Drive-In Madness! - The Making Of A Video
Dave Kosanke is a Wisconsin-based fanzine publisher who conducted this interview with me in December 2008. We discussed some of the background regarding a 1987 feature length video documentary I wrote, produced and directed entitled Drive-In Madness!.
Dave Kosanke: How did the Drive-In Madness! idea first come about?
Tim Ferrante: I was vice president of Imagine, Inc., a Pittsburgh-based publishing company of horror entertainment. The partners were me, John (Jack) A. Russo, Bob Michelucci, Andy Schifino and Tom Savini. Savini owned a small percentage, but was not involved with the day to day and I rarely saw him. It's important to note that Imagine, Inc. was a going concern when Russo, Schifino and I bought out Bob's old partner sometime around 1986. I'd travel to Pittsburgh when necessary, but worked out of New Jersey even though I had full time employment with ABC-TV in New York City. I was also writing for Fangoria, its sister publications and several other publications at that time. I had a full plate. Drive-In Madness! (D-IM!) was a book awaiting publication. It was assembled by Bill George who already had a successful title with Imagine called Eroticism in the Fantasy Cinema. There was a pre-existing schism between Bill and Imagine and the book was in limbo. The headache for us was that it had been announced, advertised, orders had been taken and people constantly asked about when it was coming out. There's more detail to this, but suffice it to say that as a stop-gap measure to deliver something to fans called D-IM!, we came up with the idea of an original video program and I would be the one to make it happen.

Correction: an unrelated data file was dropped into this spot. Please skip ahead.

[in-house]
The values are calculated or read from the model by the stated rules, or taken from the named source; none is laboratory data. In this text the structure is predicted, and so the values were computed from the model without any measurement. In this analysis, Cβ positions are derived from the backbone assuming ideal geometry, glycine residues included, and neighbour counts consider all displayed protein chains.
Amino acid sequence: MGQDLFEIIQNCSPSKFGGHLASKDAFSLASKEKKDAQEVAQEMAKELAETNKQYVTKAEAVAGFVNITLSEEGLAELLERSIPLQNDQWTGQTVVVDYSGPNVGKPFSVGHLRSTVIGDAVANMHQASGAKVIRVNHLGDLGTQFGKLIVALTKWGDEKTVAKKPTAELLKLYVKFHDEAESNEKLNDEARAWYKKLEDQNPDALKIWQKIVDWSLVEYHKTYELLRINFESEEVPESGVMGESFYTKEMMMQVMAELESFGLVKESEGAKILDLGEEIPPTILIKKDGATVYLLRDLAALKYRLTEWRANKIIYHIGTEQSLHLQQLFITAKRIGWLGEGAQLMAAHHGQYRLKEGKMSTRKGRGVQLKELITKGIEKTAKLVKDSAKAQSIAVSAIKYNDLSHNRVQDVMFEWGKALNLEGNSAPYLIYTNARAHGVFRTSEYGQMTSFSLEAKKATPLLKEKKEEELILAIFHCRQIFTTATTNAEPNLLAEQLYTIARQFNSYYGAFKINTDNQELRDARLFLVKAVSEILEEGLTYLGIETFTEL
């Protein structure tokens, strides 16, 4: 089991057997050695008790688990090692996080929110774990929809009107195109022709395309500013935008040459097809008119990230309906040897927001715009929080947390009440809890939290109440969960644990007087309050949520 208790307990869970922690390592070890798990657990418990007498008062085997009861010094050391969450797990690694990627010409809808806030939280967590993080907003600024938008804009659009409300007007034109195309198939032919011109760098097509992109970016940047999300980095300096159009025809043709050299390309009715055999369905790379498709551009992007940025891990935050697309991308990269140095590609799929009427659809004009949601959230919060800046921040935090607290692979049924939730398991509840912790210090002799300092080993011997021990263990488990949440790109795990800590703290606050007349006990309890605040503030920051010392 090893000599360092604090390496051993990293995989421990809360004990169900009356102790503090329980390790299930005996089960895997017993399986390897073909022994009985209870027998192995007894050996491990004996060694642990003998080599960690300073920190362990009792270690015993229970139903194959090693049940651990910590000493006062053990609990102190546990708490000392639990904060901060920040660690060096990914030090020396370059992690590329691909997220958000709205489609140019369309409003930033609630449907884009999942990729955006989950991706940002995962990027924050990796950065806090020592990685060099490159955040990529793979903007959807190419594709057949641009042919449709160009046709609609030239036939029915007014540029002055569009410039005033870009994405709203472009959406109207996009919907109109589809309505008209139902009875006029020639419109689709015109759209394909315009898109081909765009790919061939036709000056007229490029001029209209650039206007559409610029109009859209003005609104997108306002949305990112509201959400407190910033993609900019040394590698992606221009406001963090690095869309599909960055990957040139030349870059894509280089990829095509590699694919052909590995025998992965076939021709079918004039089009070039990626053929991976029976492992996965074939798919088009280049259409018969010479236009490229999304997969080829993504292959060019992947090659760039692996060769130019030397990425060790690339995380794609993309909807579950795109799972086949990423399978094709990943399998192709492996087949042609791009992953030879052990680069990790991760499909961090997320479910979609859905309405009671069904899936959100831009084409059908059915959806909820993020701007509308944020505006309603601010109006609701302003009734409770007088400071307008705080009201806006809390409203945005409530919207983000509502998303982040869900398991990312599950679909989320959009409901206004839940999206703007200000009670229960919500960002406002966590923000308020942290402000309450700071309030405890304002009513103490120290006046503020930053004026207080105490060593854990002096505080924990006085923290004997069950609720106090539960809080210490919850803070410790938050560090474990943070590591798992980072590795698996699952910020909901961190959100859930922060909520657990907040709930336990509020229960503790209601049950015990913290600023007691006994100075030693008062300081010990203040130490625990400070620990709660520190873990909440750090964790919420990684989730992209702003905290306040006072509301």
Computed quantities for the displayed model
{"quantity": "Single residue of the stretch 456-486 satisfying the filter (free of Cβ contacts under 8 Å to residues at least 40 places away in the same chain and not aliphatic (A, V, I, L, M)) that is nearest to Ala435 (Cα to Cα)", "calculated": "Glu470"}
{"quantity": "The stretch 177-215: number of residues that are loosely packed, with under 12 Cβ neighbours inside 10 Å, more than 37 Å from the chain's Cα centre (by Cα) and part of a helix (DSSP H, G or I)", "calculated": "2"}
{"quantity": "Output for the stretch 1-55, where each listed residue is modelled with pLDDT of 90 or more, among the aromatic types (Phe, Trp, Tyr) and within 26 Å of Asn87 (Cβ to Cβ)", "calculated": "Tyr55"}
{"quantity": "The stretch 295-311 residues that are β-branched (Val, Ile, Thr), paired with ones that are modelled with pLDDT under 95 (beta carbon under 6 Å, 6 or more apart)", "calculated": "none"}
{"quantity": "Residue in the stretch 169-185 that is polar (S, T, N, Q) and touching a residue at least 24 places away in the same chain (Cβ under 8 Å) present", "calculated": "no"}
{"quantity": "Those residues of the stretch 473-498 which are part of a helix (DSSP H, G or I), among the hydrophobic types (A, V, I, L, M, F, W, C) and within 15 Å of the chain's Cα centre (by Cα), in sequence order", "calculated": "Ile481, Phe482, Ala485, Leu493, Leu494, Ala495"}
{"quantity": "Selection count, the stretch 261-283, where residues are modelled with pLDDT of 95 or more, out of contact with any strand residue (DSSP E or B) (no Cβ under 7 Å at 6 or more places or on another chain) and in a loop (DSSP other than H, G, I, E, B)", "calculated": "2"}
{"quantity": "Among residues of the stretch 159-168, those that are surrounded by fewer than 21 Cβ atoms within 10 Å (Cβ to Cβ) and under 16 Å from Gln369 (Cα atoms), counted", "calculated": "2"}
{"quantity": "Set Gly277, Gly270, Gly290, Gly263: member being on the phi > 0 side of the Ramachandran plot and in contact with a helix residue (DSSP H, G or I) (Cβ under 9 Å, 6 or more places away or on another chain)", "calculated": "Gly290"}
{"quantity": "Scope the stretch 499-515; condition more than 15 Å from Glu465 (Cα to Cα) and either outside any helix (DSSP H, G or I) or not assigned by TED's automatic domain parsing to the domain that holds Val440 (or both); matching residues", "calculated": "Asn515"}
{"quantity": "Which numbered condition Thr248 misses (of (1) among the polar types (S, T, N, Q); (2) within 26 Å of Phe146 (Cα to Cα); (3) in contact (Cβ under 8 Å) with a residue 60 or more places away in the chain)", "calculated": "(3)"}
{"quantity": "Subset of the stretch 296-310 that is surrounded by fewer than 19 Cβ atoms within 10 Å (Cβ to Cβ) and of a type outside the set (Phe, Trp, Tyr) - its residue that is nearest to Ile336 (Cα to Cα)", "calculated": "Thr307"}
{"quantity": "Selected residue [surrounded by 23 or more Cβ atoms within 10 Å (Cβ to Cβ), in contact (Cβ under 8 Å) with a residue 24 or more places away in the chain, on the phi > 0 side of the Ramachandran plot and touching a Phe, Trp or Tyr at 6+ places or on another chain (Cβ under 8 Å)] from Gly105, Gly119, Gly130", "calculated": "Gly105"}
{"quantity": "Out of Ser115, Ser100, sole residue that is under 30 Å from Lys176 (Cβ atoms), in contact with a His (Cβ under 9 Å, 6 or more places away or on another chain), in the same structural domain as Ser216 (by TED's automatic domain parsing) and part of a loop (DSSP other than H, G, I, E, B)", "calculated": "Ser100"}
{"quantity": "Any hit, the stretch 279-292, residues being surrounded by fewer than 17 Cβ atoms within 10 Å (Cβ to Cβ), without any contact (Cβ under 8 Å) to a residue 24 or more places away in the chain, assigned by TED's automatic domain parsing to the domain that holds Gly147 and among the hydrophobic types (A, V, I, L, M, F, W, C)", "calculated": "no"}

DK: The drive-in scenes were shot at the Wexford Starlight Drive-In. What's the background of this theater?
TF: The Wexford Starlight Drive-In was located on Perry Highway (Route 19) in Wexford, Pa. and had an oldies night where vintage car enthusiasts would gather. It was Bob's car in which our two teen moviegoers are seen. All of the drive-in material was shot after I did a first edit. The original version was lacking something, although some would argue the final version is lacking something as well! I remember talking with Jack about an inexpensive solution. We discussed what was needed editorially and the resulting answer is the Wexford Starlight footage. I wasn't present for any of the filming since it would have hiked the cost by flying me in so Jack produced those segments himself. It was shot on VHS. It was then a matter of my cutting the new material into the final version. The Wexford Starlight closed in August 1989 and was demolished. The North Way Christian Community occupies that real estate today.
DK: I noticed that Forry was interviewed at his famous Ackermansion. It's also where interview segments with Linnea Quigley and Bobbie Breese were filmed. How were you able to get them at the Ackermansion?